BBC Television comedy detailing the fortunes of Reginald Iolanthe Perrin. Disillusioned after a long career at Sunshine Desserts, Perrin goes through a mid-life crisis and fakes his own ... See full summary »
Desperate to kill off Grot Reggie goes to extreme lengths,such as insulting chat show hosts on whose television shows he appears.He also insults a job applicant who mistakenly believes he is making a...
The Perrins communities are sold. Everybody has a job to go to - except Reggie,who moves back to suburbia with Elizabeth. Then he gets an interview with Amalgamated Aerosols, a firm which makes air ...
Stingy English landlord Rigsby manages to scam his lodgers Cooper, an arts student, and Philip, an African jock, making both pay for a room they must share. However Rigsby's favorite lodger... See full summary »
Frances de la Tour,
Classic 1960s British comedy series about a middle aged man and his elderly father who run an unsuccessful 'rag and bone' business (collecting and selling junk). Harold (the son) wants to ... See full summary »
Harry H. Corbett,
Ria, a happily married suburban housewife, reaches the age where she feels as if life is passing her by. Being taken for granted by her butterfly collecting dentist husband doesn't help. So... See full summary »
George and Mildred Roper are forced to leave their home in South Kensington (as the landlords in Man About the House (1973)) when they receive a compulsory purchase order from the council. ... See full summary »
Terry and Bob from The Likely Lads (1964) continue their life after Terry arrives home from serving in the Army to discover that Bob is about to marry his girlfriend Thelma. Can Thelma lead... See full summary »
Frank Spencer is more than just a complete klutz. Everything he touches falls apart, and he can't keep a job for more than a day. The only thing that keeps him going is his long-suffering ... See full summary »
Long running BBC comedy show consisting of sketches and humourous musical routines involving the large Ronnie Barker and the small Ronnie Corbett. Most sketches involved both men, but ... See full summary »
The Fred Tomlinson Singers
Arkwright is a tight-fisted shop owner in Doncaster, who will stop at nothing to keep his profits high and his overheads low, even if this means harassing his nephew Granville. Arkwright's ... See full summary »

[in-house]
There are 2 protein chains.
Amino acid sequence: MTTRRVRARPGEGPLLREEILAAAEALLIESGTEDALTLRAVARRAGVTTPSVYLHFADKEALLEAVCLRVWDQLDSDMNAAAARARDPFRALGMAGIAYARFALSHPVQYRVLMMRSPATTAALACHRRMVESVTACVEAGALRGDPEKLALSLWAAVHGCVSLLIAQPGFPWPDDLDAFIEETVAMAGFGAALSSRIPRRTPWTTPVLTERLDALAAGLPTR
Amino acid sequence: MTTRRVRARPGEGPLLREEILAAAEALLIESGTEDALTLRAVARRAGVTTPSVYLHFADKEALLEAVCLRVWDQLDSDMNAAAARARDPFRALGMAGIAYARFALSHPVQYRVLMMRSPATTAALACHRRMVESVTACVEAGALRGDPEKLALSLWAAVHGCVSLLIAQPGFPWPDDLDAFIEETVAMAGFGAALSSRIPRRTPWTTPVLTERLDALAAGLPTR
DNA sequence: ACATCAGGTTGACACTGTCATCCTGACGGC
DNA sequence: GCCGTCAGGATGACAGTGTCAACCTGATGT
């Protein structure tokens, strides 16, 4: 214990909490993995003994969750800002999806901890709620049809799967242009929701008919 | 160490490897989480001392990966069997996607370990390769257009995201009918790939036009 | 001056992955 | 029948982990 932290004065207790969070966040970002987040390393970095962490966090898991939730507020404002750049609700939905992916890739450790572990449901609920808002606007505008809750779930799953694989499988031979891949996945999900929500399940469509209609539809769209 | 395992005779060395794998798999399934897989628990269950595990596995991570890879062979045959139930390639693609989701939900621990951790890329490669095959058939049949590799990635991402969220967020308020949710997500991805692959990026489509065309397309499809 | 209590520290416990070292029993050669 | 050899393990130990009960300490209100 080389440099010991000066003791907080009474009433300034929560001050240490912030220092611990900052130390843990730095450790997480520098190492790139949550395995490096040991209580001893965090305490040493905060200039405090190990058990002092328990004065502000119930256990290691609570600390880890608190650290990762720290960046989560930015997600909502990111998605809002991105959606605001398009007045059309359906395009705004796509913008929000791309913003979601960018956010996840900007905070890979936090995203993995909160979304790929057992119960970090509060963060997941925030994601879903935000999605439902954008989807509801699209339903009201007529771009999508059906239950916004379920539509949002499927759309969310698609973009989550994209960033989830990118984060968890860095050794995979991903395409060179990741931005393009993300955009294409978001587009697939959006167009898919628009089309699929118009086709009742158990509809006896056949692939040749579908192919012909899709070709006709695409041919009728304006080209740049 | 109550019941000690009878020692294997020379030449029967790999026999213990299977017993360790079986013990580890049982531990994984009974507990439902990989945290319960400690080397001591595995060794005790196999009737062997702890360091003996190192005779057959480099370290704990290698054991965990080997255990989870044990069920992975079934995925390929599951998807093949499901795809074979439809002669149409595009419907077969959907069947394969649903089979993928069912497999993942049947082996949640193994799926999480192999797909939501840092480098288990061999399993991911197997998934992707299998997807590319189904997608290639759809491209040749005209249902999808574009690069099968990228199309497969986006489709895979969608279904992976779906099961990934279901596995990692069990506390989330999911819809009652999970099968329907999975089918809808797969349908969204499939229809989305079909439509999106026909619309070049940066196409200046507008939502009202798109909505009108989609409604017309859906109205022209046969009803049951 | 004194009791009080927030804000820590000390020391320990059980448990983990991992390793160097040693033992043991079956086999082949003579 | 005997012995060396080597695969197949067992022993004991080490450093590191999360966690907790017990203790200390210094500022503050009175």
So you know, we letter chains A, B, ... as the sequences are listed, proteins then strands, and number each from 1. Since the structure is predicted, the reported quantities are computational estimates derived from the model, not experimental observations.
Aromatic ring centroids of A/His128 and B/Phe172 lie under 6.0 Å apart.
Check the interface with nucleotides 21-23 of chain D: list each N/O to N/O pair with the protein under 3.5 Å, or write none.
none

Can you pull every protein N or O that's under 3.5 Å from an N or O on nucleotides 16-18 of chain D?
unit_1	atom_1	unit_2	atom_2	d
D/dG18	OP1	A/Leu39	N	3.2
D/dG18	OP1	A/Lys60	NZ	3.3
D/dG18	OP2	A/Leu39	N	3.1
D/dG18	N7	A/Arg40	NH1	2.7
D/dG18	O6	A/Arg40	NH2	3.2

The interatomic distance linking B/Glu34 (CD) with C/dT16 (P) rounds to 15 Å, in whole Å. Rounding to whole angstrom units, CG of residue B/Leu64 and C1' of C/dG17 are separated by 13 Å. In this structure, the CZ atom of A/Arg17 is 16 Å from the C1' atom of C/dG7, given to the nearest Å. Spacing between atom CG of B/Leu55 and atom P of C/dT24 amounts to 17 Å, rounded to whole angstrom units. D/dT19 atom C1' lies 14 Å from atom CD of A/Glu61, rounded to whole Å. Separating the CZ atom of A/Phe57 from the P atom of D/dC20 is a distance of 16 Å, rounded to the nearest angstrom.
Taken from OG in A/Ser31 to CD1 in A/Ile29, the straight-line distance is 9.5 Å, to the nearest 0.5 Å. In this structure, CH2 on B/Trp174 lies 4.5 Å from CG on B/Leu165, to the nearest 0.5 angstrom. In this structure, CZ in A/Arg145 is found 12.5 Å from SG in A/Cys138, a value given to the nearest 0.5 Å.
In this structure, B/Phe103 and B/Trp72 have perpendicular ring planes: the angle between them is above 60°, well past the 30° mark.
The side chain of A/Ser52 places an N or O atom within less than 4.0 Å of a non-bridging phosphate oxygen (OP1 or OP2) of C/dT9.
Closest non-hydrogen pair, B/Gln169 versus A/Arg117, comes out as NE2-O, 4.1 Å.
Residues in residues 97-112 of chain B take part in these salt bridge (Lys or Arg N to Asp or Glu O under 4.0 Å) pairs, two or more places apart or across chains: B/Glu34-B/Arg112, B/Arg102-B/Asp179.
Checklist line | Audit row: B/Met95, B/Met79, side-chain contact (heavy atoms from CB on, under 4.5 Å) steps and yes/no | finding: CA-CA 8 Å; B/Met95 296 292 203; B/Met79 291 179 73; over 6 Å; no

BBC Television comedy detailing the fortunes of Reginald Iolanthe Perrin. Disillusioned after a long career at Sunshine Desserts, Perrin goes through a mid-life crisis and fakes his own death. Returning in disguise after various attempts at finding a 'new life', he gets his old job back and finds nothing has changed. He is eventually found out, and in the second series has success with a chain of shops selling useless junk. That becomes so successful that he feels he has created a monster and decides to destroy it. In the third and final series he has a dream of forming a commune which his long suffering colleagues help bring to reality. Unfortunately that also fails and he finds himself back in a job not unlike the one he originally had at Sunshine Desserts. Written by
Real-life Labour MP (Member of Parliament) John Stonehouse faked his own apparent suicide in exactly the same way as Reginald Perrin - in the summer of 1974 he left his clothes on a beach in Miami and disappeared. However this was pure coincidence: David Nobbs wrote his novel early in 1974, before Stonehouse disappeared (so Nobbs couldn't have based the novel on Stonehouse's disappearance) but the novel wasn't published until 1975, after Stonehouse went missing (so Stonehouse couldn't have got ideas for his disappearance by reading the novel). See more »
I'm sorry, I might be a bit slow on the uptake.
But why should anyone buy a pill that doesn't do anything?
Because it comforts them, David. It has no effects whatsoever, therefore it has no side-effects, you don't need to keep it out of the reach of children, and Catholics can take it.
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There's nothing like Reginald Perrin. The only things that approach it are Ronnie Barker's stammering speeches in Open All Hours, or his cockney patter in Porridge, and John Cleese's tantrums in Fawlty Towers. Leonard Rossiter's gift for rattling off a screed like a machine gun is amazing. If Reg Parrin ever did walk into the sea he'd never drown because he never has to stop to take a breath!
Every episode is remarkably simialar. Elizabeth sends him off to work, to which he is invariably late. He fantasizes about his secretary Joan until he's called on the carpet by his boss CJ, who didn't get where he is by . . etc . . . who gives Reg the completely mad assignment of the day.
And then he goes home for the day, where his dinner, which is invariably rizotto, is interrupted by his nutty military brother-in-law's cockup on the catering front, or his pipe smoking son-in-law's latest attempts at nettle wine. And then he thinks about his weekend visit to his mother-in-law whom he pictures as a hippo. I know! It sounds about as boring as anyone's routine. What isn't boring is watching him slowly go into meltdown, and start spouting off like a volcano erupting. It just get's better and better as Reggie's life gets worse and worse.
Reg really does try to make his way through the day. But if you or I had days like his we'd probably turn our hand to eccentric occupations too. But hang on, because with every new twist in his otherwise monotonous road there will be another fall and rise in this roller-coaster ride of a comedy.
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